Week 3 Video Lecture — Digital Humanities

Digital humanities is such a broad topic that seems to encompass everything. From the video lecture, it is defined as the process of taking what we have in reality and turning it into information that the computer can understand and process. However, there exists so much information about human culture that it would be impossible to document every single piece of information. What do we do then? We would have to decide what we want to focus on.

How do we decide which information is relevant to a topic and which we can ignore? How do we decide how to divide this information?

This would depend on our goal for gathering and classifying this information and the topic that we are interested in discussing. Even now, as I type this post, I would have to decide what information to include based on my aim of writing this blog post.

What came across my mind was research. There is just too much information in the world that we do not understand, and thus we do research. However, research has to have a focus, a research question, a topic. As mentioned in the video, no computer can handle everything that exists in reality, so we as humans have to decide what is important enough to feed to the computer.

We would need a direction to begin the research with. The direction of the research would usually be led by the interests of the researcher, their opinions, their ideals, perhaps even their supervisor’s views as well. From here, the rest of the field of research in this area is ignored, in favour of focusing on what draws the attention of those involved in the research, because it is just not possible to include everything in one paper.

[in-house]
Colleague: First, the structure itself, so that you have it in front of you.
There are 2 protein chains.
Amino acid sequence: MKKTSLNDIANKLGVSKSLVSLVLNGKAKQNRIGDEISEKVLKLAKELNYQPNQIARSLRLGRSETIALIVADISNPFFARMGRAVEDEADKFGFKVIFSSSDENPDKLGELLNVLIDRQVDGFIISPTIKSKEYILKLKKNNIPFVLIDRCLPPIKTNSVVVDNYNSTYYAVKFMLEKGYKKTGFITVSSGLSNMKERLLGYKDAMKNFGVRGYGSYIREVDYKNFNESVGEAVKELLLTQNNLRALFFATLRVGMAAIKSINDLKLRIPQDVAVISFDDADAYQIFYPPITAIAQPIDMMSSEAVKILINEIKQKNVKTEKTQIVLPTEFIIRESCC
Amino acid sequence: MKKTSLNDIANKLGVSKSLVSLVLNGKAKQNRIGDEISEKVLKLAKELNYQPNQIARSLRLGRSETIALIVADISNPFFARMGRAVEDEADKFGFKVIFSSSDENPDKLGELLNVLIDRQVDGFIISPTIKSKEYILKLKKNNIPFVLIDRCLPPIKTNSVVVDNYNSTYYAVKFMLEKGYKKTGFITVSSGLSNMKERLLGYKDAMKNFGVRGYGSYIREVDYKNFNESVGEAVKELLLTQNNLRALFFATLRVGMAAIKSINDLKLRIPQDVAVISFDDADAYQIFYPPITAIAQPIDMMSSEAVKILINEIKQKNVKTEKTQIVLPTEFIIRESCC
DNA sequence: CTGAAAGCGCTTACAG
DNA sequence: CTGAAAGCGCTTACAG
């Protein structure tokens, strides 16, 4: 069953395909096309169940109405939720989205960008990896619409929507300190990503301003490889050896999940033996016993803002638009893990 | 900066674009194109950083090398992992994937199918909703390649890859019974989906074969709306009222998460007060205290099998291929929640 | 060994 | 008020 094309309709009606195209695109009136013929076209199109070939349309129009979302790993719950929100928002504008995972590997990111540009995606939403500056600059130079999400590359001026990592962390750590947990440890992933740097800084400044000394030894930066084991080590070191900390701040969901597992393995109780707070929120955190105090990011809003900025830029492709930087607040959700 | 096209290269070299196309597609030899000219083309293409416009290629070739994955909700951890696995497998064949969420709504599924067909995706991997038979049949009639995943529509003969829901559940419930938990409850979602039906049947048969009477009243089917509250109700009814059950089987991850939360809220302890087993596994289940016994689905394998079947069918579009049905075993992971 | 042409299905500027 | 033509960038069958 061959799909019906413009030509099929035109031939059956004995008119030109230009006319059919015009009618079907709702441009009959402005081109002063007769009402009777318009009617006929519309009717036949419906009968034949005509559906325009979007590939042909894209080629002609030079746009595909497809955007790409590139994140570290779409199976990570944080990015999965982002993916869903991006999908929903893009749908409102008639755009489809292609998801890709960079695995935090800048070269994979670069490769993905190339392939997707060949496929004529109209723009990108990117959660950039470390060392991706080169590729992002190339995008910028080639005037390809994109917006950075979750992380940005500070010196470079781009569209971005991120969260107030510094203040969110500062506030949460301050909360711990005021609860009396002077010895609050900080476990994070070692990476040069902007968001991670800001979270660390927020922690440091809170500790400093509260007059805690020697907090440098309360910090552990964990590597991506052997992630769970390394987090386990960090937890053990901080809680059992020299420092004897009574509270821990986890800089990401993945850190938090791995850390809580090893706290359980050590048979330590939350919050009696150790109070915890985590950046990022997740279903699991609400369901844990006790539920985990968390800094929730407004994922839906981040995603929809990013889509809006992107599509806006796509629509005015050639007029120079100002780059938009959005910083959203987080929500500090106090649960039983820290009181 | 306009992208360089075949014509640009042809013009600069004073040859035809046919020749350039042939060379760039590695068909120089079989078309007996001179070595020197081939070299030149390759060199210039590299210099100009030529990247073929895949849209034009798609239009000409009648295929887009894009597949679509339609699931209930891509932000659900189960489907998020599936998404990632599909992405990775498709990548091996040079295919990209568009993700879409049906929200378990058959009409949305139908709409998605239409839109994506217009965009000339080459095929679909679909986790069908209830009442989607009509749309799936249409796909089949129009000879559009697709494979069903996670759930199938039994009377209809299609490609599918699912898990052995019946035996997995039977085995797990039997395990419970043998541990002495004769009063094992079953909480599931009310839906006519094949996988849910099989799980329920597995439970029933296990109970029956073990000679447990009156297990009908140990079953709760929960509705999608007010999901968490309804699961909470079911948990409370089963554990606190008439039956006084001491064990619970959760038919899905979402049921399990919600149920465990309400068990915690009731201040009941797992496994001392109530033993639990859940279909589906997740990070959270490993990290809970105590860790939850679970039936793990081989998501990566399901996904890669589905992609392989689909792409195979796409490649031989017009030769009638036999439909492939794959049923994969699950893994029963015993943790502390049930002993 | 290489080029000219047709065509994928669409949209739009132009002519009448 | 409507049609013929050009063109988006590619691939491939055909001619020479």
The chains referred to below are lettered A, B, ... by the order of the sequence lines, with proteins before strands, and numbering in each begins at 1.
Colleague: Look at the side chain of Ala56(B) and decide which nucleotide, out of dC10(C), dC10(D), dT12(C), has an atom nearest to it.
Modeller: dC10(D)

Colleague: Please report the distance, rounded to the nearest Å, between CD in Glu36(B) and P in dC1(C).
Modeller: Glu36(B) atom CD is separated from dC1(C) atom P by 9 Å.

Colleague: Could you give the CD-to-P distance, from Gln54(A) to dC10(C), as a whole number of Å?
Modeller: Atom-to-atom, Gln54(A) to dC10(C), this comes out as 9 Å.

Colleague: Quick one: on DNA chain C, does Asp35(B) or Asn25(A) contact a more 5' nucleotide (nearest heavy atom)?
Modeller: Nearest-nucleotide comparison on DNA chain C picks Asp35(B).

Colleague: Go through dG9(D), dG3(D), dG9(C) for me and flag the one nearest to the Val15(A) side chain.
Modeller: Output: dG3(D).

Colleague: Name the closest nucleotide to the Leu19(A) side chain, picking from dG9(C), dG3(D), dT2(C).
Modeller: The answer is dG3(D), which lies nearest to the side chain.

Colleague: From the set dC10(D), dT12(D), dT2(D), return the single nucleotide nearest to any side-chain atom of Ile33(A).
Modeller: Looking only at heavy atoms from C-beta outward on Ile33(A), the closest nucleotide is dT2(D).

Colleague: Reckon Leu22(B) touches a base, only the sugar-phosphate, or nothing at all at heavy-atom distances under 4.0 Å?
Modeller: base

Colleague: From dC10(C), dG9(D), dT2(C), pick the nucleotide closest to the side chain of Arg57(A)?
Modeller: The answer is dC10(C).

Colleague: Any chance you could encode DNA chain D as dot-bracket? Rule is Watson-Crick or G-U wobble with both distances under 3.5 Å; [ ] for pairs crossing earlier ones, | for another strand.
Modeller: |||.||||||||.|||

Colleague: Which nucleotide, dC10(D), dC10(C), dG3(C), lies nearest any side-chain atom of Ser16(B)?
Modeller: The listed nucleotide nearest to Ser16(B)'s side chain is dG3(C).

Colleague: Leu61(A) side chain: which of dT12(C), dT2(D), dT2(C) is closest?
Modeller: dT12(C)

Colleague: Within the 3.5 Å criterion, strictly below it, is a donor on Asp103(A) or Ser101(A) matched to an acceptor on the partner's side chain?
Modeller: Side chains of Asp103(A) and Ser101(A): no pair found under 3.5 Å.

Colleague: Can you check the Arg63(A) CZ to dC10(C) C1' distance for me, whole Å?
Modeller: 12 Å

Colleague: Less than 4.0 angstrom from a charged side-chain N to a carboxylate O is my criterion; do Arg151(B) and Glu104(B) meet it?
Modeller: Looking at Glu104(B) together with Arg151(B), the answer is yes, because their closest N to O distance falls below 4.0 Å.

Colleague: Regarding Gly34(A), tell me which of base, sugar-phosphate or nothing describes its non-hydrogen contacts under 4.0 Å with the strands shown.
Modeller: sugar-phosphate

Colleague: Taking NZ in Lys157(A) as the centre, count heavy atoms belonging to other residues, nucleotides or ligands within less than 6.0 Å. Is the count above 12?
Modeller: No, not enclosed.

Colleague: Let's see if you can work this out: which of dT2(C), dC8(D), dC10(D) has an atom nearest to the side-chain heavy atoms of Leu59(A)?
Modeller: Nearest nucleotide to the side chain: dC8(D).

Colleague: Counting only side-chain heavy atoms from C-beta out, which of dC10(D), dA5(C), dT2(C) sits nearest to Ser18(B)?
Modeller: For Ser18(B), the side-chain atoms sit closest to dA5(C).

From there, the research would need to have a structure, and the information would have to be divided according to how the information should be presented to the readers. In other words, the information is divided for the sake of the readers, to make it easier for them to digest and to understand. For example, the rationale for the research, the process and methods, the findings, and the thoughts taken away from carrying out the research.

What are the implications of these decisions?

By taking liberties and classifying the information we want and those we ignore, there would definitely be implications.

Dividing the information would affect how they are perceived. Some things might be deemed more important or more worth looking at than others, by the readers, which would then shape the way they think about the topic.

Additionally, the way the information is interpreted by the researchers in order to be classified might not be what the original provider of the information had meant it to be, thus there is a risk of losing the original meaning.

Even with the immense advantages that digital humanities provides us, there are still some issues that have to be taken note of when we put it to use, in order to utilise the information to its full potential.